Other aspects of the present invention will become apparent to those skilled in the art upon studying these disclosures.

DESCRIPTION OF THE PREFERRED EMBODIMENT

To further illustrate the present invention, the construction and operation of the preferred embodiment will be described. The description of the preferred embodiment is provided merely to further illustrate the present invention and is not intended to limit the scope of the invention in any fashion.

FIG. 1 shows a perspective view of a prior art honey dipper 1, which may be made of wood, metal, or plastic. Shaft 2 terminates in several annular disc members 4, which as shown progress in size to the middle of the stack, then decrease in size. The discs may be of uniform size as well or any suitable mixture of sizes. The discs create a series of annular grooves 6 for entraining honey upon inserting the disc-end of the dipper into the viscous fluid and spinning or twirling it. Upon spinning, honey is entrained in the grooves, at which time the honey dipper is removed from the fluid, and the fluid is spread or drizzled onto another surface such as bread or toast.

Conventionally, the honey dipper 1 is then placed back in the container that contains the honey, in which case the shaft extends through the top of the jar, preventing the jar from sealing and allowing access to dirt and insects to the honey, as allowing air to freely access the honey, accelerating its crystallization. Alternatively, the dipper is taken out and the jar is sealed. The dipper is then washed, with a large amount of honey being washed down the drain and wasted. Much honey or other fluid is wasted by using conventional dippers for these reasons. The present invention solves these and other problems associated with honey dippers.

FIG. 2 shows a perspective view of the integral lid honey dipper 10 of the present invention. Tapered shaft 12 culminates in disc members 14 separated by grooves 15. Tapered shaft 12, which along with the rest of the preferably (although it may be multiple pieces) one piece integral lid honey dipper 10 is preferably made of wood such as apple or maple, impregnated with beeswax, but may be made of any suitable material such as other woods, plastic or metal, terminates in the underside of lid member 16. Lid member 16 has annular ridge 18 which forms first annular recess 20 and second annular recess 21. First annular recess 20 engages with the annular ring 24 of the lid of a vessel 34, as shown and described below Second annular recess 21 rests on the upper edge of the opening 32 of vessel 34. The lid member 16 terminates in a circular handle member 22, but the handle may be of any shape.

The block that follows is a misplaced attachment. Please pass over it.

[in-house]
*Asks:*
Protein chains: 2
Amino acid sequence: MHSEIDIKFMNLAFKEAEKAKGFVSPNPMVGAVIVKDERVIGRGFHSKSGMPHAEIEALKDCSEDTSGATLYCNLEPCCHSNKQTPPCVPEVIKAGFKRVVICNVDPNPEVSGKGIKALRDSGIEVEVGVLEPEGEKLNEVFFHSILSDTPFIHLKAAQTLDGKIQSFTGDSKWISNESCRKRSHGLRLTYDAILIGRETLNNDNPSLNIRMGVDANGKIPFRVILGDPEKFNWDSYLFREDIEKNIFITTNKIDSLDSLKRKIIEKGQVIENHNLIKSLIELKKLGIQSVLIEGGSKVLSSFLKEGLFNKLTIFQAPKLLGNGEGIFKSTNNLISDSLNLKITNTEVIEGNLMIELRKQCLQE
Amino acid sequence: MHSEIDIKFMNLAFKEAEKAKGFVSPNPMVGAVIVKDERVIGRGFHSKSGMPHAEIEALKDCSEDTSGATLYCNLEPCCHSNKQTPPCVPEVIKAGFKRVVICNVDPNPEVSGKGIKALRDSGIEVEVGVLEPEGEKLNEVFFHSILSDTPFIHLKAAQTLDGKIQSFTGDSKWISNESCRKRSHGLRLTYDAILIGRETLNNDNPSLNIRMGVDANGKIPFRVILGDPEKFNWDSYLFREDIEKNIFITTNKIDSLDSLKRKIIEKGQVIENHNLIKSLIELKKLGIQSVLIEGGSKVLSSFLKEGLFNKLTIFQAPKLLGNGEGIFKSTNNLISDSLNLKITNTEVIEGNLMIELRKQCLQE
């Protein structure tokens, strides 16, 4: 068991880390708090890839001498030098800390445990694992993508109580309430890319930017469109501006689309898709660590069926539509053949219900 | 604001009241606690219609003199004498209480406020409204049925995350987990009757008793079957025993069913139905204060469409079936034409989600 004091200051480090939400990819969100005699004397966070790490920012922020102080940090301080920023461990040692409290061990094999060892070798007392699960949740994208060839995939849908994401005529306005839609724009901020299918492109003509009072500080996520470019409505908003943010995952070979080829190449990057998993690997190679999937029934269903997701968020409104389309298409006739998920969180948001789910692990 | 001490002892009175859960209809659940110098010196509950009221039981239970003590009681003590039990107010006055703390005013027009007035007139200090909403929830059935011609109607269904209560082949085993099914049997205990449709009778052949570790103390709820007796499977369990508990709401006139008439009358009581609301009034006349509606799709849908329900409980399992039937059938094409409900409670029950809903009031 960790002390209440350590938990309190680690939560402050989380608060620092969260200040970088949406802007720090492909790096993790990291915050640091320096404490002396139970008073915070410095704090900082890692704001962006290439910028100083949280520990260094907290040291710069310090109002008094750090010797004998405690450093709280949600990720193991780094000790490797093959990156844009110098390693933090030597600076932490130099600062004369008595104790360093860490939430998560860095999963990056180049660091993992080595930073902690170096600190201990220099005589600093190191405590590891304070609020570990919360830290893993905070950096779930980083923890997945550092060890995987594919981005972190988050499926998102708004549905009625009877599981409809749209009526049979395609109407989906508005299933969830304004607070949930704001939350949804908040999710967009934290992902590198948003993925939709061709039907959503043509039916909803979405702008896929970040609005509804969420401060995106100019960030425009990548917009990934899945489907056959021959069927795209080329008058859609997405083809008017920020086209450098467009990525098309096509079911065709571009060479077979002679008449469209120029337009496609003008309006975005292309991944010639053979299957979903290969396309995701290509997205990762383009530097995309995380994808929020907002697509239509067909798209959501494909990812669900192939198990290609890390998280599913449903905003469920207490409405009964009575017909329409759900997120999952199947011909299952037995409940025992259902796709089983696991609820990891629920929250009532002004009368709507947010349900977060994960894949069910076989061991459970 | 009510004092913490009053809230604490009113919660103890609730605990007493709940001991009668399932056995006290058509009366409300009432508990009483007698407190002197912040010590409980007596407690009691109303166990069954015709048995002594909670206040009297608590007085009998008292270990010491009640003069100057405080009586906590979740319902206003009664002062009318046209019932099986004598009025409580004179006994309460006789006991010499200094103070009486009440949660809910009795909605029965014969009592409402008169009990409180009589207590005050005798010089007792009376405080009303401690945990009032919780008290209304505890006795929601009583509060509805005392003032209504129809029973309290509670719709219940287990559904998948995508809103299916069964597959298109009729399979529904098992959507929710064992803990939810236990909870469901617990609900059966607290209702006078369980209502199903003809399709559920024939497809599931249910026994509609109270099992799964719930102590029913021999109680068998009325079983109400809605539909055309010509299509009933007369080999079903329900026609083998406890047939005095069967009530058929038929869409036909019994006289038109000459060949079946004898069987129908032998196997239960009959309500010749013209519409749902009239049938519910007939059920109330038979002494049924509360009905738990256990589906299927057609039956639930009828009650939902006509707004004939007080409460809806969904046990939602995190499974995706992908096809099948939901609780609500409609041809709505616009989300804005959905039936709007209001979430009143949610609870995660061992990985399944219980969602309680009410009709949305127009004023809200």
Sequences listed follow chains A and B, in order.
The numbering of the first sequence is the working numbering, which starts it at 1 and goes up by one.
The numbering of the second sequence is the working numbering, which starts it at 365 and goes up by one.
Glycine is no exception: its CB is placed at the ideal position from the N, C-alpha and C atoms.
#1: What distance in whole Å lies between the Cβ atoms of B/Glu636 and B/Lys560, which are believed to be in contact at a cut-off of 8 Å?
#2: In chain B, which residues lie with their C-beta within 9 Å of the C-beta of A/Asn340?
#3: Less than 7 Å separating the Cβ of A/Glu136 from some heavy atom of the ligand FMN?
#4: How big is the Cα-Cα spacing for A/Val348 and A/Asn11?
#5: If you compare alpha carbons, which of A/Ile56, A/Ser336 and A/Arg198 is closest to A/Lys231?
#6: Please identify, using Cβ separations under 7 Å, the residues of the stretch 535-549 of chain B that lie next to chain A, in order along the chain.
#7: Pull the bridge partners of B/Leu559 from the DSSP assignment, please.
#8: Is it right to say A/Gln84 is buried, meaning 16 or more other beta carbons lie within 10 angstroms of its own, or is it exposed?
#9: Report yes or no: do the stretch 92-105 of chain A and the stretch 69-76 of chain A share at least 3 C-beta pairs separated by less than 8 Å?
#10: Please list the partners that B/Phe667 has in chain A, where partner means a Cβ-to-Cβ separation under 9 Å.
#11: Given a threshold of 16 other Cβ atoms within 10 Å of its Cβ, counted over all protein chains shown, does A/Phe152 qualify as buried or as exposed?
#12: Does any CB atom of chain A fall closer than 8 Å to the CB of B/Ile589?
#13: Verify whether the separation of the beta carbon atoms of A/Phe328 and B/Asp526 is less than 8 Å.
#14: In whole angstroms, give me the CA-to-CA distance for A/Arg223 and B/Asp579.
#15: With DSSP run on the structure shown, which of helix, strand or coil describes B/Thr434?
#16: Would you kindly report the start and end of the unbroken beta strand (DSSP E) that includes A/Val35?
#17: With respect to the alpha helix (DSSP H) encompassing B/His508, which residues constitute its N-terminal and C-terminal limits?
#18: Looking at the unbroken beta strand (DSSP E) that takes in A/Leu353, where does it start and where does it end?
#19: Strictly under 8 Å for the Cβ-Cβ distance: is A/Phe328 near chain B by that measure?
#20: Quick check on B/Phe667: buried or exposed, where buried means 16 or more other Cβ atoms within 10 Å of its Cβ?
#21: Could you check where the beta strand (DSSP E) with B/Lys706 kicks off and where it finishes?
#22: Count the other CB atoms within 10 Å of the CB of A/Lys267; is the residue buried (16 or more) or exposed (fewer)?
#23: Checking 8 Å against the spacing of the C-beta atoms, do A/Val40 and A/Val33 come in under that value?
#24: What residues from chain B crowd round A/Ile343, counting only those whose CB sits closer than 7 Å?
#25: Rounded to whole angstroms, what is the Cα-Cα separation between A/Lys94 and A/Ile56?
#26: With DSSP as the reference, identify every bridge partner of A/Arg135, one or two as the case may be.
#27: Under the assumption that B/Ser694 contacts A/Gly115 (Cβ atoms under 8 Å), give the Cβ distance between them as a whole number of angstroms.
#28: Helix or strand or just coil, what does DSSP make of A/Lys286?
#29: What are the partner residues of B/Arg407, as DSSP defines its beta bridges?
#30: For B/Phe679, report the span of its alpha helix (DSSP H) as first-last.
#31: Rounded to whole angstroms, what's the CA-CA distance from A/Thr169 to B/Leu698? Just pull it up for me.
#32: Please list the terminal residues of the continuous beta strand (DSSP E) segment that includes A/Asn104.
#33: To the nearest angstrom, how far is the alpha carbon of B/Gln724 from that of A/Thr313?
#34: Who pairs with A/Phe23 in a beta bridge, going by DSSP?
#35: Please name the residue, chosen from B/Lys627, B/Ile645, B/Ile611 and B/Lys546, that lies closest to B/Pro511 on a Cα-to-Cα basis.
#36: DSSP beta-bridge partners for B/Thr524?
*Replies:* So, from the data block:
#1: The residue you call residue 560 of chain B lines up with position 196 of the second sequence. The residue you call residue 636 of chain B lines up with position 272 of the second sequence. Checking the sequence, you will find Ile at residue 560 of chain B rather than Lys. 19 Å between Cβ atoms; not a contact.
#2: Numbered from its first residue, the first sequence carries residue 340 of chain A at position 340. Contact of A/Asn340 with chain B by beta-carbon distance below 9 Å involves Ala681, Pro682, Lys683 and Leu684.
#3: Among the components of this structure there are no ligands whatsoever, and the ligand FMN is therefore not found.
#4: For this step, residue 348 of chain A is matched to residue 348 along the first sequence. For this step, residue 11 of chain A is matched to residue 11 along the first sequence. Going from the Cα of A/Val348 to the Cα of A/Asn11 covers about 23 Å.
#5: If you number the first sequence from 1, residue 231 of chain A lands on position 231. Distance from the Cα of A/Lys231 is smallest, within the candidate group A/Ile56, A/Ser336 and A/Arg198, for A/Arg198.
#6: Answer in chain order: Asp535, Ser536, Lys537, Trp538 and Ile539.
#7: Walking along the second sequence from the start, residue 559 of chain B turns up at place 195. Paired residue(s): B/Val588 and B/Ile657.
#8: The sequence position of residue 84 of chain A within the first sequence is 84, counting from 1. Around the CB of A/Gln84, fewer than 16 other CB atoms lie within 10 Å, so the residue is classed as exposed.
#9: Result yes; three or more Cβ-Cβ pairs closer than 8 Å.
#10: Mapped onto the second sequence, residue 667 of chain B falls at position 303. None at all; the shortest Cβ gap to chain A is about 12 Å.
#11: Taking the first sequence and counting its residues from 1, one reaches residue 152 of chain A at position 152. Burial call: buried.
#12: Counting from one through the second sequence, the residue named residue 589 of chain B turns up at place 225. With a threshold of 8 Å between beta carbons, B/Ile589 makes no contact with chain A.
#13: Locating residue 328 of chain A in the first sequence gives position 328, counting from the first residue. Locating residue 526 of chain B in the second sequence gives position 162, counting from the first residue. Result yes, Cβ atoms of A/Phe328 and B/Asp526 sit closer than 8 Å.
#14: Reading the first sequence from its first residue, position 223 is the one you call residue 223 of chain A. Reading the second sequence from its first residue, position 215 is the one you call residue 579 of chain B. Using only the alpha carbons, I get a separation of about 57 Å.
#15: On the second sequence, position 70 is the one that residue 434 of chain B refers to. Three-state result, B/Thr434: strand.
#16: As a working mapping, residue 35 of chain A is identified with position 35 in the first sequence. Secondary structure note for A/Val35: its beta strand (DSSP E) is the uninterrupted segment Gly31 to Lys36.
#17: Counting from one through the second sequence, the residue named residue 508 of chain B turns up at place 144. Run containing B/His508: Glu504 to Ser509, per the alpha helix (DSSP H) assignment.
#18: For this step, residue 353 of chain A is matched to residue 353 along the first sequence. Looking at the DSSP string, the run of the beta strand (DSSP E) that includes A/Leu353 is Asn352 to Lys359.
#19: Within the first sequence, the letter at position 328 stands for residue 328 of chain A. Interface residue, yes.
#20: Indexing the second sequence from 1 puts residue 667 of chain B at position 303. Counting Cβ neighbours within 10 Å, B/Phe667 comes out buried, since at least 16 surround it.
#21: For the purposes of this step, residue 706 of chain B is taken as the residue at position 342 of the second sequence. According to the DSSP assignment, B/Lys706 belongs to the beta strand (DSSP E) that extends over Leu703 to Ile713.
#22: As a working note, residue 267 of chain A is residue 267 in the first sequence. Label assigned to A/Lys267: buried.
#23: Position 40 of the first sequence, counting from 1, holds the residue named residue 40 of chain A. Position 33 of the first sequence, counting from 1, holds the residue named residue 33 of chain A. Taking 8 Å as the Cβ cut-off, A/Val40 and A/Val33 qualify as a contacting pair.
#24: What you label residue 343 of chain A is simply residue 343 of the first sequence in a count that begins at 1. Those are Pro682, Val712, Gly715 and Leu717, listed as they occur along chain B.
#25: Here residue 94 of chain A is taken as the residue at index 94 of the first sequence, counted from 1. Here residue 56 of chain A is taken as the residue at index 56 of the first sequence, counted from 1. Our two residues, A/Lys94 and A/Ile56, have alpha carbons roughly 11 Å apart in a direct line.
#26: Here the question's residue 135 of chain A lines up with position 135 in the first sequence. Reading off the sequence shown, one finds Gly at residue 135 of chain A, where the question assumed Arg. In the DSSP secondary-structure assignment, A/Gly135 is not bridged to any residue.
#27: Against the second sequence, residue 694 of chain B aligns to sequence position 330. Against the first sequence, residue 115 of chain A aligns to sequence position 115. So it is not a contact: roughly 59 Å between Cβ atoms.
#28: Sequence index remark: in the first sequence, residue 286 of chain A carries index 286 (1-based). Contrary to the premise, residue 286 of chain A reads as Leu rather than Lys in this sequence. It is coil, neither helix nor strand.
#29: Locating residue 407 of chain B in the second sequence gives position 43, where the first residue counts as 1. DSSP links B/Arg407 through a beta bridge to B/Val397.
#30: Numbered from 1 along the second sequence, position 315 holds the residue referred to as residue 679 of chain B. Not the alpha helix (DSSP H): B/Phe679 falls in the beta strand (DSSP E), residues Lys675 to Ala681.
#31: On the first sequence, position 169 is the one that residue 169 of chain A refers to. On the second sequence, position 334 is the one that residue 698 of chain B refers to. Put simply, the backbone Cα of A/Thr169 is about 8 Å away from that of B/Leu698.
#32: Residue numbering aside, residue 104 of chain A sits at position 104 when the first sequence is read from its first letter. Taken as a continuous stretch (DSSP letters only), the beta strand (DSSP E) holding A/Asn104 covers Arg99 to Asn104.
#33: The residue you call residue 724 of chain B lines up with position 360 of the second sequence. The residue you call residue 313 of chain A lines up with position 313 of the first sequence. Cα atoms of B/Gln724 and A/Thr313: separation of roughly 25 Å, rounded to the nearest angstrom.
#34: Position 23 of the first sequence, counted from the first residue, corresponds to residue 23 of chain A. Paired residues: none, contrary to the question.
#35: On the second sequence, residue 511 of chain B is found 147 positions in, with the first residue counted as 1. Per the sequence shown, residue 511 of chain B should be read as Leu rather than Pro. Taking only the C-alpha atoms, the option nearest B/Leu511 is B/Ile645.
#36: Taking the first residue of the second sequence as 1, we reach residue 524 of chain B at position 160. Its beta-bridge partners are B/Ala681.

FIG. 3 shows a bottom perspective view of integral lid honey dipper 10, looking from below. In this view, the integral lid honey dipper 10 is installed in the annular ring 24. Annular ridge 18 engages the underside of annular ring 24 to secure it in place, with the first annular recess 20 resting against the lower surface 28 of annular ring 24. The annular ring 24 is then screwed down onto the threads of a vessel 34, such as a mason jar.

FIG. 4 shows a side perspective view of integral lid honey dipper 10. As can be seen, annular ridge 18 forms first annular recess 20 and second annular recess 21, which cause the annular ridge 18 to be caught between the lower surface 28 of the annular ring 24 (not shown) and the upper edge of the opening 32 of vessel 34 (not shown).

FIG. 5 shows a top perspective view of the annular ring 24. Annular ring 24 has a top surface 26 and an lower surface 28. Lower surface 28 engages the annular ridge 18 of the honey dipper at first annular recess 20 (not shown). Annular ring 24 also has a series of threads 30 which screw down onto the opening of a vessel 34 (not shown).

In operation integral lid honey dipper 10 is inserted from below into the annular ring 24 such that annular ridge 18 at recess 20 is placed into engaging contact with lower surface 28 of the annular ring 24. The annular ring 24 is then screwed onto the threads of vessel 34. The annular ridge 18 is held in frictional engagement between the lower surface 28 of the annular ring 24 and the upper edge of the opening 32 of vessel 34 by virtue of the engagement of the threads 30 of the annular ring 24 with the corresponding threads of vessel 34. The annular ridge 18 is trapped between lower surface 28 of annular ring 24 at first annular recess 20 and the upper edge of opening 32 of the vessel 34 at second annular recess 21.

FIG. 6 shows a side perspective view of the integral lid honey dipper 10 of the present invention inserted into the annular ring 24. As can be seen, ridge 18 is engaged at first annular recess 20 under lower surface 28 of annular ring 24. The integral lid honey dipper 10 is inserted from the right into the annular ring 24, effectuating such engagement. The assembled dipper/ring is then screwed onto the top of a vessel 34 (not shown) such as a mason jar, with second annular recess 21 resting on the upper edge of the opening 32 of vessel 34.